Summary of Tags Related to Linking
Simple Hypertext Links
Linking Within a Document
Affecting the Appearance of Links
Non-Web Links and Protocols
Linking Documents with <link>
The HTML 4.01 specification puts it simply and clearly: "A link is a connection from one web resource to another." This ability to link one document to another is what makes HTML unique among document markup languages and is the key to its widespread popularity.
This chapter focuses on the HTML tags related to linking and building relationships between documents. It includes uses for the anchor tag, linking with imagemaps (both client- and server-side), affecting the appearance of hyperlinks, creating links with non-web protocols, and associating documents with the link tag.
In this section, browser support for each tag is noted to the right of the tag name. Browsers that do not support the tag are grayed out. Tag usage is indicated below the tag name. Start and end tags are required unless otherwise noted. "Deprecated" means that the tag or attribute is currently supported but is due to be phased out of the HTML specification and is discouraged from use (usually in favor of similar style sheet controls). The attributes listed for each tag reflect those in common use. A more thorough listing of attributes for each tag, according to the HTML 4.01 specification, appears in Appendix A, "HTML Elements".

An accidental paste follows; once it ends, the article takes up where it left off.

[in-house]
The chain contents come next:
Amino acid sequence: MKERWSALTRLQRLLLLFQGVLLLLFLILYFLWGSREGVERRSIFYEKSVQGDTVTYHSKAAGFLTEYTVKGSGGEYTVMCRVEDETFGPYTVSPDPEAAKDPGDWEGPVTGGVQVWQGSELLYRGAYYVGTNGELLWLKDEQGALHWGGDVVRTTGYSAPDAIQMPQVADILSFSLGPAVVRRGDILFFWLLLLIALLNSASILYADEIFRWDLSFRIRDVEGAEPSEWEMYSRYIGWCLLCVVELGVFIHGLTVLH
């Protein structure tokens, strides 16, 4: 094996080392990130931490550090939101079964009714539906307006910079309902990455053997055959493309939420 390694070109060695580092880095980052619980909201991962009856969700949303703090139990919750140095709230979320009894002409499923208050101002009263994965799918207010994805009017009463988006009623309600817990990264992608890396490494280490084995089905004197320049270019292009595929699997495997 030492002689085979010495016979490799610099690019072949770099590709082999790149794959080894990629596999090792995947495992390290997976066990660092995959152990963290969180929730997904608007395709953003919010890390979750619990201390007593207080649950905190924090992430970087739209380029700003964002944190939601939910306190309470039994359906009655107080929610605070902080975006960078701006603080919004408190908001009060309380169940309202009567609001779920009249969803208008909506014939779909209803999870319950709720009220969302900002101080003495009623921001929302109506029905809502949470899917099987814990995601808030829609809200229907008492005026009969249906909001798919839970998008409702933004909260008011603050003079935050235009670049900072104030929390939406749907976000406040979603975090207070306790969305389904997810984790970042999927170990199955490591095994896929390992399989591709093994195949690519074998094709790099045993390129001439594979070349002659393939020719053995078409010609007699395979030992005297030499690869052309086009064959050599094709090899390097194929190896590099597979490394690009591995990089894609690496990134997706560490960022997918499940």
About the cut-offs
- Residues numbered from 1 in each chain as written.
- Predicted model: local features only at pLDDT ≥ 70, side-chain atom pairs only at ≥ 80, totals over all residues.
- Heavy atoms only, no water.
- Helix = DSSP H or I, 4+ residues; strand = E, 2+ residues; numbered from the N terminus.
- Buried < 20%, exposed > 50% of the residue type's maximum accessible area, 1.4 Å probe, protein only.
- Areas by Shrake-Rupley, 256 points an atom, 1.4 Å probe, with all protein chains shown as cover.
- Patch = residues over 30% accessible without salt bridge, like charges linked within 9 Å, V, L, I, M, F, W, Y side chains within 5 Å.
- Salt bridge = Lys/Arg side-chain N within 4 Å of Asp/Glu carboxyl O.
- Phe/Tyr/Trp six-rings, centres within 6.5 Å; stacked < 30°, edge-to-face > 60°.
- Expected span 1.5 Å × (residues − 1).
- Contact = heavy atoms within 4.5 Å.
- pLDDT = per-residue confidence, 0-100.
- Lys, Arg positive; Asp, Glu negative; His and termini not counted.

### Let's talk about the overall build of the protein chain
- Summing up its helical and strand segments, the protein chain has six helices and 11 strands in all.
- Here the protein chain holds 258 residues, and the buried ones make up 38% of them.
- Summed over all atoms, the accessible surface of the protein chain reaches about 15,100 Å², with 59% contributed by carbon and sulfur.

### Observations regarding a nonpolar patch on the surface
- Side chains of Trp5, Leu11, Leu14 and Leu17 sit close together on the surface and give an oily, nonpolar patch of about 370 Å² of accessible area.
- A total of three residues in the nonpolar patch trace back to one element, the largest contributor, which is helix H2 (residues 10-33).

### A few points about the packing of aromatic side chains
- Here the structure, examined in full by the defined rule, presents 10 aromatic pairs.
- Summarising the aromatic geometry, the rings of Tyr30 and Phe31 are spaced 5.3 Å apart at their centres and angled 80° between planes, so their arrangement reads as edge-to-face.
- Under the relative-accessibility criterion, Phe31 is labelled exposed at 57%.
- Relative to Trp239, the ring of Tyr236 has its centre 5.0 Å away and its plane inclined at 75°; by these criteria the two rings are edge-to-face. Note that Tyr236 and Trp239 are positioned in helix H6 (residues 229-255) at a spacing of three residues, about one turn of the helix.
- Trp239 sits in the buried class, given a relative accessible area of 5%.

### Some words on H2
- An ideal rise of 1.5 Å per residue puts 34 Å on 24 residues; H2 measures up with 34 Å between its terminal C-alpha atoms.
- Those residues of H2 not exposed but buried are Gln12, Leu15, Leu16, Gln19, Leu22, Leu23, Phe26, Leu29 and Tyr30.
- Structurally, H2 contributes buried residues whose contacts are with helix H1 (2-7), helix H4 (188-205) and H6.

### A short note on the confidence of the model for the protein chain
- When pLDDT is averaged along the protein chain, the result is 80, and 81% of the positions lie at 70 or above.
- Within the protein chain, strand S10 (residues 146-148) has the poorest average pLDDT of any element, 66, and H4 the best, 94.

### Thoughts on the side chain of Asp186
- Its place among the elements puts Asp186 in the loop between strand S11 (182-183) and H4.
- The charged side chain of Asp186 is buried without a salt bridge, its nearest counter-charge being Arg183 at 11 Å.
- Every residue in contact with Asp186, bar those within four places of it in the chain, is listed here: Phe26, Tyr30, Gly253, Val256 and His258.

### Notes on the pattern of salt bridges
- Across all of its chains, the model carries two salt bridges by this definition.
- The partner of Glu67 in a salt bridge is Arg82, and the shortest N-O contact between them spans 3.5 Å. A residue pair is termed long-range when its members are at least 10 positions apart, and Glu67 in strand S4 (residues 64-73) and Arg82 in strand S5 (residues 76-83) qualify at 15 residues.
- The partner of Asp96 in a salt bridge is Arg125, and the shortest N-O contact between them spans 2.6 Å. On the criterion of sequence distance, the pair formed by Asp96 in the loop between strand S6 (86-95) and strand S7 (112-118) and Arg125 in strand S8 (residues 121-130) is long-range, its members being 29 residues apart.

|<a>||NN 2, 3, 4, 6 MSIE 2, 3, 4, 5, 5.5, 6 HTML 4.01 WebTV Opera5|
Defines an anchor within the document. An anchor is used to link to another document or web resource. It can also serve to label a fragment within a document (also called a named anchor), which serves as a destination anchor for linking to a specific point in an HTML document.
The attributes labeled "HTML 4.01" are new to the HTML 4.01 specification and are generally supported only by Internet Explorer 5.5 and higher and Netscape 6.
HTML 4.01. Assigns an access key (shortcut key command) to the link. Access keys are also used for form fields. The value is a single character. Users may access the element by hitting Alt-key (PC) or Ctrl-key (Mac).
HTML 4.01. Specifies the character encoding of the target document. See Chapter 7, "Internationalization" for information on character sets.
HTML 4.01. Specifies the x,y coordinates for a clickable area in an imagemap. HTML 4.0 proposes that client-side imagemaps be replaced by an <object> tag containing the image and a set of anchor tags defining the "hot" areas (with shapes and coordinate attributes). This system has not yet been implemented by browsers.
Specifies the URL of the destination HTML document or web resource (such as an image, audio, PDF, or other media file).
Gives the link a unique name (similar to the name attribute) so it can be referenced from a link, script, or style sheet. It is more versatile than name, but it is not as universally supported.
HTML 4.01. Specifies the base language of the target document. See Chapter 7, "Internationalization" for a list of two-letter language codes.
Places a fragment identifier within an HTML document. Fragments are discussed further in Section 11.3, "Linking Within a Document" in this chapter.